‘In many cases the risks are more serious than previously thought’.It highlighted that ‘even a delay of 5 years [in taking action to reduce greenhouse gas emissions] could be significant’ (Stabilisation, 2005).

10.  Some opponents of wind farms have sought to argue that the evidence for climate change is not robust and that many climate scientists are sceptical about the nature of the problem. This is simply not true. Over 1000 natural scientists contributed to the 2001 IPCC report mentioned above. Furthermore, an analysis of all 928 peer-reviewed papers on climate change published between 1993 and 2003 showed ‘overwhelming agreement’ on the reality of the problem (Orekes, 2004). In truth the vast majority of those disputing the science of climate change are not climate scientists and many are connected with the fossil fuel industry (see eg Pearce, 2005).

Need (wind power and alternatives)

11.  As mentioned above, one of the main ways the UK government is tackling climate change is through the expansion of renewable energy sources for electricity generation. At present, wind energy, because of the size of the resource (the UK has the largest wind energy resource in Europe) and its competitive cost, is widely considered to be main way of meeting this target. Other renewable sources are either limited by resource (eg landfill gas), much more expensive (eg solar photovoltaic) or still in development (eg wave, tidal) (DTI & Carbon Trust, 2004). The government estimates that meeting the 10% renewable energy target will reduce UK carbon dioxide emissions by approximately 9 million tonnes per year.

12.  The UK government has been in the forefront of international efforts to promote strong action on climate change, for example by playing a critical role in the successful negotiations on the climate treaty, the Kyoto Protocol. However, progress on reducing the UK’s own greenhouse gas emissions is faltering, not least because of the slower than intended progress on deploying renewable energy in the UK. Part of the reason for this is a significant (but minority) public opposition to wind farms. Given the need for the UK to continue to show international leadership on this issue (as well as the urgency of the issue and lower cost of wind as mentioned above), it is important that expansion of wind energy continues rapidly. This means that it is critical that proposals for wind farms in areas with a good wind resource and which have already been significantly impacted by human activity – such as Whinash (see below) – are accepted.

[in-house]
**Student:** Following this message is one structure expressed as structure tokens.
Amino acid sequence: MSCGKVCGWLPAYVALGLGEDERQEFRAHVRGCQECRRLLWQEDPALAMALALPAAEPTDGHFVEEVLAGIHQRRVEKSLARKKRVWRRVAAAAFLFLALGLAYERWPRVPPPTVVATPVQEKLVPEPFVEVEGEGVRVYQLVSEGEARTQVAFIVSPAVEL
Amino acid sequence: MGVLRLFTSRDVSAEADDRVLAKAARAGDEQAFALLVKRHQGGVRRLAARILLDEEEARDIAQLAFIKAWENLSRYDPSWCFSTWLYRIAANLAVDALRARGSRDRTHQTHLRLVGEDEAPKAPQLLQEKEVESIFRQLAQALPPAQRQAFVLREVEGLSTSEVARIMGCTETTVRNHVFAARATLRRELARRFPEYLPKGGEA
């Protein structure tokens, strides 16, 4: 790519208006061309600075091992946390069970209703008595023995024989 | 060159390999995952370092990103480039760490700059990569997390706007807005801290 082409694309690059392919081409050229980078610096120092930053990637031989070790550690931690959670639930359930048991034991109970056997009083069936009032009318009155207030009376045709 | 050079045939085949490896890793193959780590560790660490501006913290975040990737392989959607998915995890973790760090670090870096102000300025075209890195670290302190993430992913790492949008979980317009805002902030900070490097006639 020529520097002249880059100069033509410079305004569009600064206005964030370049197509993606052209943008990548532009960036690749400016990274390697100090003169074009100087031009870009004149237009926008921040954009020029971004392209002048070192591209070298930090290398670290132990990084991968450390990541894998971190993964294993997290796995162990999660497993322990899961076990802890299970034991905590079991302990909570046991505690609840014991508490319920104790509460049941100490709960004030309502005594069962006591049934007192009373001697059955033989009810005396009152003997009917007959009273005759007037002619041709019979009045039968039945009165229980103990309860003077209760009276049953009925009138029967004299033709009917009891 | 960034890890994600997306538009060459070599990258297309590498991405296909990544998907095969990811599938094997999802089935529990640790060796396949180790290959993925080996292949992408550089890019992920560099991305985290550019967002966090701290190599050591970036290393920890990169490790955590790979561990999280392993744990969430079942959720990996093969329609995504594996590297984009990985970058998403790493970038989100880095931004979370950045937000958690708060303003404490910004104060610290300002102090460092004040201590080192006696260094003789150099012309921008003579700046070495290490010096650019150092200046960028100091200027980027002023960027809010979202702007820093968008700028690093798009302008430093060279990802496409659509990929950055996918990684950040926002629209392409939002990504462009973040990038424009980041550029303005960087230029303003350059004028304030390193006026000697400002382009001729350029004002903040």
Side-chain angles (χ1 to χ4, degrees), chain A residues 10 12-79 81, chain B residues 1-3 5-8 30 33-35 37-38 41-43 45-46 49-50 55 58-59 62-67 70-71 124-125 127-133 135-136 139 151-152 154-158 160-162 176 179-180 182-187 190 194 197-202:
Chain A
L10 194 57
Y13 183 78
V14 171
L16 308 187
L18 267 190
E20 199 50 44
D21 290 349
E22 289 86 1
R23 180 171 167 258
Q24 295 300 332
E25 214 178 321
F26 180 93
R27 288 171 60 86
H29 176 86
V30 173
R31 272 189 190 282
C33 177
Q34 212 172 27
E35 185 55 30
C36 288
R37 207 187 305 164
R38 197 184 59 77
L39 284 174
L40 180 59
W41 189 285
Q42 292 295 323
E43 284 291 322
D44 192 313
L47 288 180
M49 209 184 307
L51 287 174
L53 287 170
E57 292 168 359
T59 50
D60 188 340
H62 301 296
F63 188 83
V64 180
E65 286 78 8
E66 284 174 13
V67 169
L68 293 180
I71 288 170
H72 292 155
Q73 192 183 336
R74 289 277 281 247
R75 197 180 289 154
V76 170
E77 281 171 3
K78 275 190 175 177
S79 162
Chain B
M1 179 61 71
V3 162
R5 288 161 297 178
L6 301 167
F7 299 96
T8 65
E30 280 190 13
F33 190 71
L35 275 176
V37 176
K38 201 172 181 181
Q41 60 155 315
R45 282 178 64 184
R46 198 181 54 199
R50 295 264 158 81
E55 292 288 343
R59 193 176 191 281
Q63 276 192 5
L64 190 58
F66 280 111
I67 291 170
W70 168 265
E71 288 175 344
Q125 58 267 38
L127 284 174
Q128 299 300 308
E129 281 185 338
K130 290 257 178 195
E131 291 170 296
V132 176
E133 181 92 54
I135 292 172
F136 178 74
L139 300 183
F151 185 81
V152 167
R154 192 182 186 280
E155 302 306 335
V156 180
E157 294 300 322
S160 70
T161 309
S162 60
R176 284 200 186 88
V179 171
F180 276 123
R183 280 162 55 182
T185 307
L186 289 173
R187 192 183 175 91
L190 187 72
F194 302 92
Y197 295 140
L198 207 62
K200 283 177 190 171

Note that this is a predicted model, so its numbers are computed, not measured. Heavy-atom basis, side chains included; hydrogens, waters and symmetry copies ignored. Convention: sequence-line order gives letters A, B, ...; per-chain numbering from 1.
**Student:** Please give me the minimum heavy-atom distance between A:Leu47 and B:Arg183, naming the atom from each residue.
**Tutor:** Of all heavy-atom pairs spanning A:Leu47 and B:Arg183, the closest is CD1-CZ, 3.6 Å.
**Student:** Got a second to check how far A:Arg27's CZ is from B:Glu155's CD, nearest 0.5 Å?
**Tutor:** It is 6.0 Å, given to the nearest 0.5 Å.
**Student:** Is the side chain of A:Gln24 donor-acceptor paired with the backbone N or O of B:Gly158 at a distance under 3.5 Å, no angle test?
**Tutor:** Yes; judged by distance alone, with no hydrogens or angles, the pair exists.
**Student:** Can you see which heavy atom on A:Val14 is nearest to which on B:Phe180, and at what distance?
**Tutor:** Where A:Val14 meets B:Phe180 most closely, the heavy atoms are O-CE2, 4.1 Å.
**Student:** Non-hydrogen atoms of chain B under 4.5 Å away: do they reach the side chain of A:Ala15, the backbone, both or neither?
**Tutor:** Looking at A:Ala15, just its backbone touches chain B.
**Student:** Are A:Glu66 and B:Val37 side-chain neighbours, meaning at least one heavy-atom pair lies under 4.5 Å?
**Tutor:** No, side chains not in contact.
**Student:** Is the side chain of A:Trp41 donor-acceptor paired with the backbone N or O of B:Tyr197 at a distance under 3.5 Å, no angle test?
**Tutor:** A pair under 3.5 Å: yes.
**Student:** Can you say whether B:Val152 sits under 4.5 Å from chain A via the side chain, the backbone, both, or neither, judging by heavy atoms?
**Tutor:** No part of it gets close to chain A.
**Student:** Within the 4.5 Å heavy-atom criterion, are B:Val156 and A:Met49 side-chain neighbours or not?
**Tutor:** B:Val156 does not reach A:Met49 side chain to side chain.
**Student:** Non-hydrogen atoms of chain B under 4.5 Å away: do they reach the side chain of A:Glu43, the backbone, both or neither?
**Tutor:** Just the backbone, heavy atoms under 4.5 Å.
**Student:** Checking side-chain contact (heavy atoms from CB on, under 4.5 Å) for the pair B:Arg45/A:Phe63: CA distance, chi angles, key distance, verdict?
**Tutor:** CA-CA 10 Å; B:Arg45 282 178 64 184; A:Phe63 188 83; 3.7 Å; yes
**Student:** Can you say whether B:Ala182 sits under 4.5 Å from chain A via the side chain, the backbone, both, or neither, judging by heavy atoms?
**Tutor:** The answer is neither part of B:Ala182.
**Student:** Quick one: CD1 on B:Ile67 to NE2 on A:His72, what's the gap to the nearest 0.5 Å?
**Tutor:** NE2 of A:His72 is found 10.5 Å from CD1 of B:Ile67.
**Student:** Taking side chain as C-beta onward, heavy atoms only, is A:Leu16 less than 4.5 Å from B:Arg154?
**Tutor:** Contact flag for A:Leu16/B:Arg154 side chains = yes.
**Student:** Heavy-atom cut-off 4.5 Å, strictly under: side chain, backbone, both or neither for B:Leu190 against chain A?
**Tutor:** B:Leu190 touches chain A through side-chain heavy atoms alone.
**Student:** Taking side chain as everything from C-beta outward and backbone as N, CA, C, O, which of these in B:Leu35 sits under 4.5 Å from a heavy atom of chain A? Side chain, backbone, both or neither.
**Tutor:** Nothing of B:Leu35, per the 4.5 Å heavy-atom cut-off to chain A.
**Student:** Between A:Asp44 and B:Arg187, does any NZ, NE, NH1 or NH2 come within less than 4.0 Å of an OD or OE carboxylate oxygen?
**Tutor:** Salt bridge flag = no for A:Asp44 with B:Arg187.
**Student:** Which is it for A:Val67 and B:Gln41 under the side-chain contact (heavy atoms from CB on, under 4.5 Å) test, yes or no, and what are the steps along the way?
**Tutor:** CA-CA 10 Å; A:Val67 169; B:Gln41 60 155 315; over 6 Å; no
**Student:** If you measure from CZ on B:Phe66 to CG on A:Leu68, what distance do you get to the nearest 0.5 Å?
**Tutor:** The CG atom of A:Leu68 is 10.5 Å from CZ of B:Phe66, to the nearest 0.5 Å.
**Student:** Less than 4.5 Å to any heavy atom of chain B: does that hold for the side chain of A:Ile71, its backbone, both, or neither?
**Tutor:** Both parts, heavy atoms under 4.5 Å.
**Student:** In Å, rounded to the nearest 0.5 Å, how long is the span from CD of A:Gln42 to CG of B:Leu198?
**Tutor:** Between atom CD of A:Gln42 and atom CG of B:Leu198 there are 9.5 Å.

13.  Opponents of wind energy have criticised the subsidies that it currently receives, which mainly come through the government’s ‘Renewables Obligation’ (RO). However, it is important to see these subsidies in their true light. Firstly (and obviously), there is the urgency in meeting the renewable energy targets and tackling climate change. Secondly, these subsidies are not just available to onshore wind energy but also to several other renewable energy technologies. Thirdly, such temporary subsidies are necessary in the early stages of commercialisation of many new technologies which are trying to break into a new market. Indeed, it is useful to recall that other energy technologies also received large public subsidies in their early days and, furthermore, the UK’s newer nuclear power plants were only able to be privatised once the costs of construction and decommissioning were written off, demonstrating that they are not commercially viable even 50 years after the first UK plant was commissioned. The major financial difficulties of the nuclear industry continue today.

14.  Opponents of wind energy have also argued that energy efficiency measures would be a cheaper way of reducing emissions. However, there are many non-monetary obstacles to the rapid expansion of energy efficiency measures, eg lack of public knowledge/ understanding of the need to install energy efficiency technologies in the home, which take time to deal with.